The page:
Moreover, having data that is timely enables companies to react in a coordinated fashion as well as quickly. Companies that are able to operate in a coordinated fashion are usually more successful in business than those that are somewhat coordinated in the same way that a juggler who is somewhat coordinated drops a lot of balls. Almost all (86%) companies whose data is all up-to-date said they are able to react to change in a coordinated or very well coordinated fashion, compared to just 38 percent of those whose data is mostly up-to-date and 19 percent that have a significant percentage of stale data. Three-fourths (77%) of companies that have very accurate data are able to respond to changes in a coordinated or very well coordinated fashion, but just one-third (35%) of those with accurate data and 14 percent with somewhat accurate data are able to accomplish this.
Speed is essential in delivering metrics and performance indicators if they are to be useful for strategic decision-making, competitive positioning and assessing performance. Companies that can respond sooner to opportunities and threats are more able to adjust to changing business conditions. The research finds that fewer than half (43%) of companies are able to deliver important metrics and performance indicators within a week of a period’s end – that is, soon enough to respond to an emerging opportunity or threat.
One way to speed up the delivery of analytics is to have analysts focus their time on the analytics. But the research shows that not many do: A majority of analysts spend the biggest chunk of their time dealing with data-related issues rather than on the analysis itself. Two-thirds (68%) of participants reported that they spend the most time dealing with the data used in their analytics – waiting for it, reviewing it for quality and consistency or preparing it for analysis. Only one-fourth (28%) said their efforts focus most on analysis and trying to determine root causes, which are the main reasons for doing the analysis in the first place. In other words, in a majority of companies, analysts don’t spend enough time doing what they are valued and paid for.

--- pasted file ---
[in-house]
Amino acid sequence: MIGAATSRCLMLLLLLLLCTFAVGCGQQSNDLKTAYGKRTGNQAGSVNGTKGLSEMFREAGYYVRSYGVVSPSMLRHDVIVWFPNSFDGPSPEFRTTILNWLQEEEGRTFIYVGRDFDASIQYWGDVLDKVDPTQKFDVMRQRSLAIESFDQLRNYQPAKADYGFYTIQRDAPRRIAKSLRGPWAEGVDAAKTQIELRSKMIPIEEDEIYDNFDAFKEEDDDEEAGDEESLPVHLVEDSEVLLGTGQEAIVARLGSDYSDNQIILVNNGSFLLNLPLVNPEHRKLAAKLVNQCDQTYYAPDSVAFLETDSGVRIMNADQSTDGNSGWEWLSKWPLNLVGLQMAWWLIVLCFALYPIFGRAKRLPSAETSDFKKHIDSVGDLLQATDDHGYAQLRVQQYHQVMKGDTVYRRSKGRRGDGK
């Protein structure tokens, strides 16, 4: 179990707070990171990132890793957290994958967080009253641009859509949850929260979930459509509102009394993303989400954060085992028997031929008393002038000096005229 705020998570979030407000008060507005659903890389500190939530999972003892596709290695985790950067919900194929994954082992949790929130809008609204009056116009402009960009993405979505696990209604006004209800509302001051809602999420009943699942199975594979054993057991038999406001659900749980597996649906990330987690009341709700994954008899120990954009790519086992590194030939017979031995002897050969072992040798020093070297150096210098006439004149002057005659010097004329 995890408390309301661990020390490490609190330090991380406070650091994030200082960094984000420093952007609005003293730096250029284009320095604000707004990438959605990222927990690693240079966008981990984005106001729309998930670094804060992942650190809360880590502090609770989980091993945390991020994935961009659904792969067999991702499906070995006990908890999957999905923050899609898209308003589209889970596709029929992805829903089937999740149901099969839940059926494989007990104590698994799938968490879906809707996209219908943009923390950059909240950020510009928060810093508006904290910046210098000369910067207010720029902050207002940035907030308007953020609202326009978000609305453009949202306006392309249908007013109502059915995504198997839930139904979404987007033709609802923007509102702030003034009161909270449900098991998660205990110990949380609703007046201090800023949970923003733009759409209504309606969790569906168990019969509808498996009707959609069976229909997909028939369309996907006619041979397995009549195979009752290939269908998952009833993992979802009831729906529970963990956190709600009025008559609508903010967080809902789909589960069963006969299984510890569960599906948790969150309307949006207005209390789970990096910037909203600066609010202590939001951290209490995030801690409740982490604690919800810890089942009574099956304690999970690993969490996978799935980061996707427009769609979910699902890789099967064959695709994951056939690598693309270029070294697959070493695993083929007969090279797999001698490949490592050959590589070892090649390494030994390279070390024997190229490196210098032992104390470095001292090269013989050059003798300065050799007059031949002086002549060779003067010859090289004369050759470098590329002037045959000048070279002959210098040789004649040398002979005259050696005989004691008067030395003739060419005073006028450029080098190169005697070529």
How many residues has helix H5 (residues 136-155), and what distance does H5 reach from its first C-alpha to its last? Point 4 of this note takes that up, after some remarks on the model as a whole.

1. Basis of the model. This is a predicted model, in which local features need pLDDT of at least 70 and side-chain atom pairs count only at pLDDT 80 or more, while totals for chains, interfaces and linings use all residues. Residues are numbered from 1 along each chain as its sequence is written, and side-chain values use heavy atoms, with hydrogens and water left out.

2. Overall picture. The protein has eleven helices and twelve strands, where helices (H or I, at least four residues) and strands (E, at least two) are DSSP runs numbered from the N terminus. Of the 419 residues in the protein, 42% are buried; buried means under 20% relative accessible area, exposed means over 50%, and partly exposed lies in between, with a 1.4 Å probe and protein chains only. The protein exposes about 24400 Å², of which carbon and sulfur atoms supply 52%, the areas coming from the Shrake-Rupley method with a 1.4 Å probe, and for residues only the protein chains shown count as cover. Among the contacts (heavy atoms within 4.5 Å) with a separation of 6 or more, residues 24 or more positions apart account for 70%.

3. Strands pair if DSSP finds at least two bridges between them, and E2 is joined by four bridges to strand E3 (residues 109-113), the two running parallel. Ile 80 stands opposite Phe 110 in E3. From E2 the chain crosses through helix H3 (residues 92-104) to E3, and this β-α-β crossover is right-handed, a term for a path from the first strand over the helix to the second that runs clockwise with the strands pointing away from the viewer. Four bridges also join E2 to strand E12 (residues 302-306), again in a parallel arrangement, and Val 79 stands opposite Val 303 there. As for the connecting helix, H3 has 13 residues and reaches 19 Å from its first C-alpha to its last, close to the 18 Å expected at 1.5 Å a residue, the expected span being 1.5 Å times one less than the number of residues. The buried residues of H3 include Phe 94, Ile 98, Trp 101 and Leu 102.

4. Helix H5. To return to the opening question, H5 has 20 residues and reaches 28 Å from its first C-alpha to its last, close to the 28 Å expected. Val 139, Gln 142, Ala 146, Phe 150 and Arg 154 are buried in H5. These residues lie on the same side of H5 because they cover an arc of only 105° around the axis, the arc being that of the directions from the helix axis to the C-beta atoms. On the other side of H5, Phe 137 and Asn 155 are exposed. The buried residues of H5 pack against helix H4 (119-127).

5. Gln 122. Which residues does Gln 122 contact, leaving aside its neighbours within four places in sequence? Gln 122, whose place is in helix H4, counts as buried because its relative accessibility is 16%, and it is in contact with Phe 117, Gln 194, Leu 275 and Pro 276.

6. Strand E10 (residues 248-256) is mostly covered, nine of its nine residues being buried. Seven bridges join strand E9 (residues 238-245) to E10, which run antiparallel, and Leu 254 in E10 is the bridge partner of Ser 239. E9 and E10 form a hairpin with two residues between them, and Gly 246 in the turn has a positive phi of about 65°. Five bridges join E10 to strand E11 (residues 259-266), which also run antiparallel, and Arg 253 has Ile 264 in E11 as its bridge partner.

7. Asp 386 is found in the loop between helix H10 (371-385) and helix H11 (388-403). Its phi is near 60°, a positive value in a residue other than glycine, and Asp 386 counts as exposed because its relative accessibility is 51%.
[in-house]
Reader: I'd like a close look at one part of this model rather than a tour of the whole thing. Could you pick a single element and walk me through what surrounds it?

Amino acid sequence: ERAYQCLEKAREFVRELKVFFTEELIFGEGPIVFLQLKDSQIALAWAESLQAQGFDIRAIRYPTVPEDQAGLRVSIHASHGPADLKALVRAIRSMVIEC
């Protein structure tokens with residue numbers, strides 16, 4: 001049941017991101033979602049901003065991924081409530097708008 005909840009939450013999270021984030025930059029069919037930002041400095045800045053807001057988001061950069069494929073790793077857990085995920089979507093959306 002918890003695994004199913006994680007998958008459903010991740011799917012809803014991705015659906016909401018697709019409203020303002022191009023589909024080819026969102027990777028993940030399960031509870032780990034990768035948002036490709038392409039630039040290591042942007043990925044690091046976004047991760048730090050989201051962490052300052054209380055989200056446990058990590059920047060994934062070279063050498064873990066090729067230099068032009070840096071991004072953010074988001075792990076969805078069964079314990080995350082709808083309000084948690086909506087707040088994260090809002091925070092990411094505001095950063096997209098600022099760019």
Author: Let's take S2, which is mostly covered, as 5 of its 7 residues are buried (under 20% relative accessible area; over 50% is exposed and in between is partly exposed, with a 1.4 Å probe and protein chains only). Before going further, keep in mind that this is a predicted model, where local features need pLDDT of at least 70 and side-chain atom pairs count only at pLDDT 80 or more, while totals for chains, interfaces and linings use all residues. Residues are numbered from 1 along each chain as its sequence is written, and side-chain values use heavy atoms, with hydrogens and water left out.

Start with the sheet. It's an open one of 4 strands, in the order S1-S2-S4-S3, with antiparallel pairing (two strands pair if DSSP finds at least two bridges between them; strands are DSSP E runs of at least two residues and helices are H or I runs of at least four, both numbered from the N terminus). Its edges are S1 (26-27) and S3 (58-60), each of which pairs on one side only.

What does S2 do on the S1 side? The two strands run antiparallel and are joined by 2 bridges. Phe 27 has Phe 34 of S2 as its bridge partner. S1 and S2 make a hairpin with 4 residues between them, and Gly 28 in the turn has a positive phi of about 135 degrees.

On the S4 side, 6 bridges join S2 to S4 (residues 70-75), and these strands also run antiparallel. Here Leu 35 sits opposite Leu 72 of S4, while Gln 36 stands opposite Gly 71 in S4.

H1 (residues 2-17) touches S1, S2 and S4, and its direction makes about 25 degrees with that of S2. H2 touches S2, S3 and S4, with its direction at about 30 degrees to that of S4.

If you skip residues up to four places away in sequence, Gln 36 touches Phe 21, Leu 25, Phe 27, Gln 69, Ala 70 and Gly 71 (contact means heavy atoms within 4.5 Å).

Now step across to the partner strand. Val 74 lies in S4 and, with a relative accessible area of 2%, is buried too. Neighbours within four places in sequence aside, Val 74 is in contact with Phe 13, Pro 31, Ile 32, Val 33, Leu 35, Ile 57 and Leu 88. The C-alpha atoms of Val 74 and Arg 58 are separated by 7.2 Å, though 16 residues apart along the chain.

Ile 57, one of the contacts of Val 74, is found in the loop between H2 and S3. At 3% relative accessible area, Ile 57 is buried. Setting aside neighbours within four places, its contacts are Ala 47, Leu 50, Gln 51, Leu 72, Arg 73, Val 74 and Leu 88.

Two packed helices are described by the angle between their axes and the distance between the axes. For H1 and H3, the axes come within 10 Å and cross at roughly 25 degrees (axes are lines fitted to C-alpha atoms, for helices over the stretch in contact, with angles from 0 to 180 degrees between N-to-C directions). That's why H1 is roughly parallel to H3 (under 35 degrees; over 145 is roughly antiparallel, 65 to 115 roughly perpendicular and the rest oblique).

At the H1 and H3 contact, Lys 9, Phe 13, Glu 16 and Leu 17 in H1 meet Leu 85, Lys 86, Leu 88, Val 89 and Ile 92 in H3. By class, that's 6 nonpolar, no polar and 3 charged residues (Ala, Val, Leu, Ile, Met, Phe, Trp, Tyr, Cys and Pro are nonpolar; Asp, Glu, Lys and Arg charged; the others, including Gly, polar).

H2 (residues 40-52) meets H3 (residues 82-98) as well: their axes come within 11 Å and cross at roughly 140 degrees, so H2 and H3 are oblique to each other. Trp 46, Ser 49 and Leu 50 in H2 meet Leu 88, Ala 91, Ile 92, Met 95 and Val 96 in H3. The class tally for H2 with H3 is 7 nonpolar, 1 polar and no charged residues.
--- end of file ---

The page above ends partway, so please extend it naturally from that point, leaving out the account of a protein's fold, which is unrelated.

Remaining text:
The results also show that there are negative knock-on effects of spending time on data-related tasks rather than on analysis. More than half (56%) of the companies that spend the biggest part of their time working on analytics can deliver metrics and indicators within a business week, compared to just one-third (36%) of those that spend the biggest part of the time grappling with data issues. Having high-quality, timely and accessible data therefore is essential to reaping the benefits of finance analytics.
Data issues diminish productivity in every part of a business as people struggle to correct errors or find workarounds. Issues with data are a man-made phenomenon, yet companies seem to treat bad data as a force of nature like a tornado or an earthquake that’s beyond their control to fix. Our benchmark research on information management suggests that inertia in tackling data issues is more organizational than technical. Companies simply do not devote sufficient resources (staff and budget) to address this ongoing issue. One reason may be because the people who must confront the data issues in their day-to-day work fail to understand the connection between these and getting the results from analytics that they should.
Excellent data quality is the result of building quality controls into data management processes. Our research finds a strong correlation between the degree of data quality efforts in finance analytics and the quality of the finance department’s analytic processes and output, and ultimately its timeliness and its value to the company. Corporations generally – and finance organizations in particular – must pay closer attention to the reliability of the data they use in their analytics. The investment in having better data will pay off in better analytics.
Robert Kugel – SVP Research